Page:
10 Revealing Interview Questions To Ask Sales Candidates

Not sure what interview questions to ask sales candidates? Check out these ten to find out if you have a champion or not.

Asking sales candidates in job interviews, “What’s your greatest strength?” may get you an answer that sounds like a line from your job description. The key to getting good information about your candidate is to ask good sales focused questions. That way, your confidence when interviewing goes up.

Here are 10 great questions to include in your interview process for sales candidates:

1. What is a qualified buyer to you?

A sales candidate that doesn’t qualify a buyer will waste valuable time chasing low-probability prospects. A good response to this question will refer to things like: ensuring they are selling to target accounts; meeting with the true decision-maker, identifying if the buyer has sufficient budget, understanding and agreeing upon a realistic time frame for delivery, they have specific needs your products and services can meet, mutually agreed upon terms and conditions, etc.

2. What words do you use on a cold call when talking with a gatekeeper?

You do not want to hear: I would introduce myself and say something about our products or company… What you really want are their actual words; like in a 30-second role-play. A good response: a well-rehearsed set of words and phrases that do not sound scripted. They are delivered in a confident tone. They reveal a value proposition that moves the gatekeeper to transfer the rep to a contact within the organization or gets the decision-maker to keep talking.

3. At what point will you walk away from a sale?

If their response is never, you might want to keep looking. Persistence is admirable, but experienced salespeople know when to stop wasting time with the wrong buyer and move on. A good response: I will quickly walk away if the buyer is not qualified.

4. After a sale is made, what is your process for acquiring referrals?

In some industries, referral requests are made immediately after the sale. In other cases, only after they’ve been earned. Be wary of referral-heavy sales reps. They may have been a sales rep who generated leads through existing accounts that they inherited. A good response: I get referrals from my satisfied customers when I’ve earned their trust.

5. In your opinion, what is the best way to present price?

You want to learn how much your candidate understands and follows a sales process. Ask them specifically how they present price. A good response: I wrap the price in value rather than the undesirable method: show product – present price – offer discount.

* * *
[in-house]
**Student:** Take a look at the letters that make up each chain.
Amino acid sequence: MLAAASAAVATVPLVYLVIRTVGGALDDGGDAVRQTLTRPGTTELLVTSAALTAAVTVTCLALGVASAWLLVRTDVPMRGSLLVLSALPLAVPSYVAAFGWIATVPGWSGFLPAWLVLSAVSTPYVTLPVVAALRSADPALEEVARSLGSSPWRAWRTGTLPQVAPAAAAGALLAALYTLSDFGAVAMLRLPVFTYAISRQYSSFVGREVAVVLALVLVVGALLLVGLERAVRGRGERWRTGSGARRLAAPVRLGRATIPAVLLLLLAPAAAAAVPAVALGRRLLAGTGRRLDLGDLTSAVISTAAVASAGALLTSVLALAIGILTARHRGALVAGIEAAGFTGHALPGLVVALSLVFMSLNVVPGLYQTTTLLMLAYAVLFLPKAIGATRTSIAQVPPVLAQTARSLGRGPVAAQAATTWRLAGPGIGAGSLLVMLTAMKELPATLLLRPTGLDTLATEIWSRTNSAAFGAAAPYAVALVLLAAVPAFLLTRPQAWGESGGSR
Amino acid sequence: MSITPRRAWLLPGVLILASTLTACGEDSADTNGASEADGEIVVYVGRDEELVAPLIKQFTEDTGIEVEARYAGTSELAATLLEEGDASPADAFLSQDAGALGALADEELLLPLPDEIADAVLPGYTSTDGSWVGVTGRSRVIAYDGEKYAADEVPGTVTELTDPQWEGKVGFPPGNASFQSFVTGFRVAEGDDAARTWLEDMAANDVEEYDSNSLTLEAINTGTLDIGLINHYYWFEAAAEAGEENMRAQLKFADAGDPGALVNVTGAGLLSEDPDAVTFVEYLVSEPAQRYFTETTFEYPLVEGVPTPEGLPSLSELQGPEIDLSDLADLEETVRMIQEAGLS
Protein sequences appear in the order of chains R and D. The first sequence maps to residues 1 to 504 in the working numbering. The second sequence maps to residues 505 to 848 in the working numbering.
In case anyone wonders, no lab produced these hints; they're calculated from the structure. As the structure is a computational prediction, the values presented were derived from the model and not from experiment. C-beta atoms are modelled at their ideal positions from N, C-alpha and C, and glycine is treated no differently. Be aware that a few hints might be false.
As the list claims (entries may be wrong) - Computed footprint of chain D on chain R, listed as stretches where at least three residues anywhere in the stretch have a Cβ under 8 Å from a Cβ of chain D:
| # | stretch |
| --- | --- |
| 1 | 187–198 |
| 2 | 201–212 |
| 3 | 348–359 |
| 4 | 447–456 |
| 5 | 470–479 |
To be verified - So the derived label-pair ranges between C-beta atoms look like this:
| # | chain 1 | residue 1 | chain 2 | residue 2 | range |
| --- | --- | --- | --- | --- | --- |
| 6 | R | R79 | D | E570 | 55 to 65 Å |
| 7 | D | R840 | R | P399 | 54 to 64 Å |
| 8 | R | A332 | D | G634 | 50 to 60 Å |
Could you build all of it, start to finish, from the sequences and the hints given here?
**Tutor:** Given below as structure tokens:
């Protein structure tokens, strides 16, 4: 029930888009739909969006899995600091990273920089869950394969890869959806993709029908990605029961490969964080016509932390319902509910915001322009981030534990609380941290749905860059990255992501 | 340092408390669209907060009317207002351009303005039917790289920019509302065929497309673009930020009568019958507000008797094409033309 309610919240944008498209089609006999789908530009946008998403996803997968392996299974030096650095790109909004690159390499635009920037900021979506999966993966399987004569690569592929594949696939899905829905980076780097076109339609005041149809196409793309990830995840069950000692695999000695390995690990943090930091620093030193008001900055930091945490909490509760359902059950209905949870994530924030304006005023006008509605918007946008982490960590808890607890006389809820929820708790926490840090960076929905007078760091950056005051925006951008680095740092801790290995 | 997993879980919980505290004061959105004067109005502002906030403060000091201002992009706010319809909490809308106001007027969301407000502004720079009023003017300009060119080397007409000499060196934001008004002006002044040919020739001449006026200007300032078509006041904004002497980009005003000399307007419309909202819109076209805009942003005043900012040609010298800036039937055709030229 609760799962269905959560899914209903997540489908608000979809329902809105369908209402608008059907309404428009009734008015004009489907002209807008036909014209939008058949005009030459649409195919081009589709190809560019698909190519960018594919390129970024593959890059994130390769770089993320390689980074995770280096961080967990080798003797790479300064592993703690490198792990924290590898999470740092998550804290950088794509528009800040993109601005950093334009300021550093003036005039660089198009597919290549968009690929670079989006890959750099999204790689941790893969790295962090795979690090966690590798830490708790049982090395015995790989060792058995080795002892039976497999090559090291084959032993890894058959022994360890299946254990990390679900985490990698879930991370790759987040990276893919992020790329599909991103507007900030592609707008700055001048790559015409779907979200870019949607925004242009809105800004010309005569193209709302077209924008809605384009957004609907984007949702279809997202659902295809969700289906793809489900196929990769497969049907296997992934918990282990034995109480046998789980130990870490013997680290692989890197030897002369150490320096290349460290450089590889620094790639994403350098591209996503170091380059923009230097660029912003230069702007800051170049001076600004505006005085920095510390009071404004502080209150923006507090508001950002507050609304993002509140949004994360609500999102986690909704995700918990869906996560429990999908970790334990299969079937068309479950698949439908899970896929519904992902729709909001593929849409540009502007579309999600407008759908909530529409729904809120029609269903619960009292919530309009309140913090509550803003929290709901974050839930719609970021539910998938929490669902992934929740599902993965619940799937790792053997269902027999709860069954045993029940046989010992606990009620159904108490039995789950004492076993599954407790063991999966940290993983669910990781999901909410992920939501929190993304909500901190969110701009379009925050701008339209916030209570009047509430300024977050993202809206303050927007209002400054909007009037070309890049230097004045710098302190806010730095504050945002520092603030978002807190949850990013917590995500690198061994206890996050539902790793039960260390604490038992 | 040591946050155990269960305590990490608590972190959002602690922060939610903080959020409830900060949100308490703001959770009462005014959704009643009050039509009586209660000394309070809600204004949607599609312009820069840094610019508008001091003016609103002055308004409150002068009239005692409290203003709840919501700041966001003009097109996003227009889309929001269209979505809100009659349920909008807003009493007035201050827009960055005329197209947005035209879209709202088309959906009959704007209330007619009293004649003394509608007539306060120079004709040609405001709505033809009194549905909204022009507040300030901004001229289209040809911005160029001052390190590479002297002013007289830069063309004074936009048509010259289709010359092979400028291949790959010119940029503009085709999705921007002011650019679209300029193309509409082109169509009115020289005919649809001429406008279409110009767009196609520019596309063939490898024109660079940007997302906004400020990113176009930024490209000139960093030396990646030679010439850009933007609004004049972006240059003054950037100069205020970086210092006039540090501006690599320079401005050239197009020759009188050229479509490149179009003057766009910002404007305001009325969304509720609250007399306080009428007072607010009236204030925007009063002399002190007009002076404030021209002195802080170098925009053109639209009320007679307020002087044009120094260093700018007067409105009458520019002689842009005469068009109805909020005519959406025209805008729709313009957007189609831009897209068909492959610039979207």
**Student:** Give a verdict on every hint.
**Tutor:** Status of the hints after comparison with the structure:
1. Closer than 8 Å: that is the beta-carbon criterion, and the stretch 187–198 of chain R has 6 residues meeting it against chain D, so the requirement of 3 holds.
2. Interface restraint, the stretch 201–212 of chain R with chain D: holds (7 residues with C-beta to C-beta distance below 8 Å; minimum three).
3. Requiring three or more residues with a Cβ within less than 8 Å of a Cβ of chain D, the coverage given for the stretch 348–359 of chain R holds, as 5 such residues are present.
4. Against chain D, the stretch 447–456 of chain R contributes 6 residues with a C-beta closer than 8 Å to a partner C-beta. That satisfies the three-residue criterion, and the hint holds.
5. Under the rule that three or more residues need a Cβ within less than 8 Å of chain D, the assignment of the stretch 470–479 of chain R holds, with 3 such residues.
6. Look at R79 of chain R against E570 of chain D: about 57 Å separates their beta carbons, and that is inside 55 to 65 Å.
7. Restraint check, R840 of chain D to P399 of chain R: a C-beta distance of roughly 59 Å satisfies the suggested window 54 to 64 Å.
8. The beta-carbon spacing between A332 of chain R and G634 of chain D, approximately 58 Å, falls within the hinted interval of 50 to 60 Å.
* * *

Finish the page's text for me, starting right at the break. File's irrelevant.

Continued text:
6. What are your three best questions for a first appointment?

A good response is a set of business-focused, issue-specific questions. Evaluate their answers: How well-crafted are their questions? Are they relevant to the buyer? Would they get the prospect talking about their issues and objectives?

7. How do you define a successful first appointment?

Answers will vary somewhat by industry. You’re looking for someone who wants to position themselves as a trusted advisor and qualify the buyer. In other words, they have a plan before they go in. They’re not looking for a quick sale. Instead, a good response will indicate that they gather sufficient information to clearly determine the next steps—even if that means walking away.

8. What words do you use to close a sale?

It’s surprising how many salespeople don’t know this. You’ll get a sense of their confidence level, experience, and communication skills. A good response will be free from manipulation and pressure, and focused on taking the next natural step.

9. What are two ideas you learned from the last book you read on selling?

This question is better than asking about the last book they read about selling. It assumes they read. If they haven’t, you’ll know because it reveals if your applicant evaluates, retains, and applies what they’ve read.

10. How do you acquire leads to fill your pipeline?

Make them give you specific answers. Depending on your industry and process, a salesperson that is used to receiving warm leads or having first appointments set for them may not fit your needs. Therefore, a good response contains details about proactive methods for acquiring self-generated leads.

You’ll have to adapt your process to the situation. That means for a telesales rep, an entry-level position, or a rookie with little sales experience transferring from another department, some of these may not apply. When interviewing your next sales candidate, questions like these will help you determine if you’re really dealing with a pro. Here’s a great article about interview questions to give you more insight.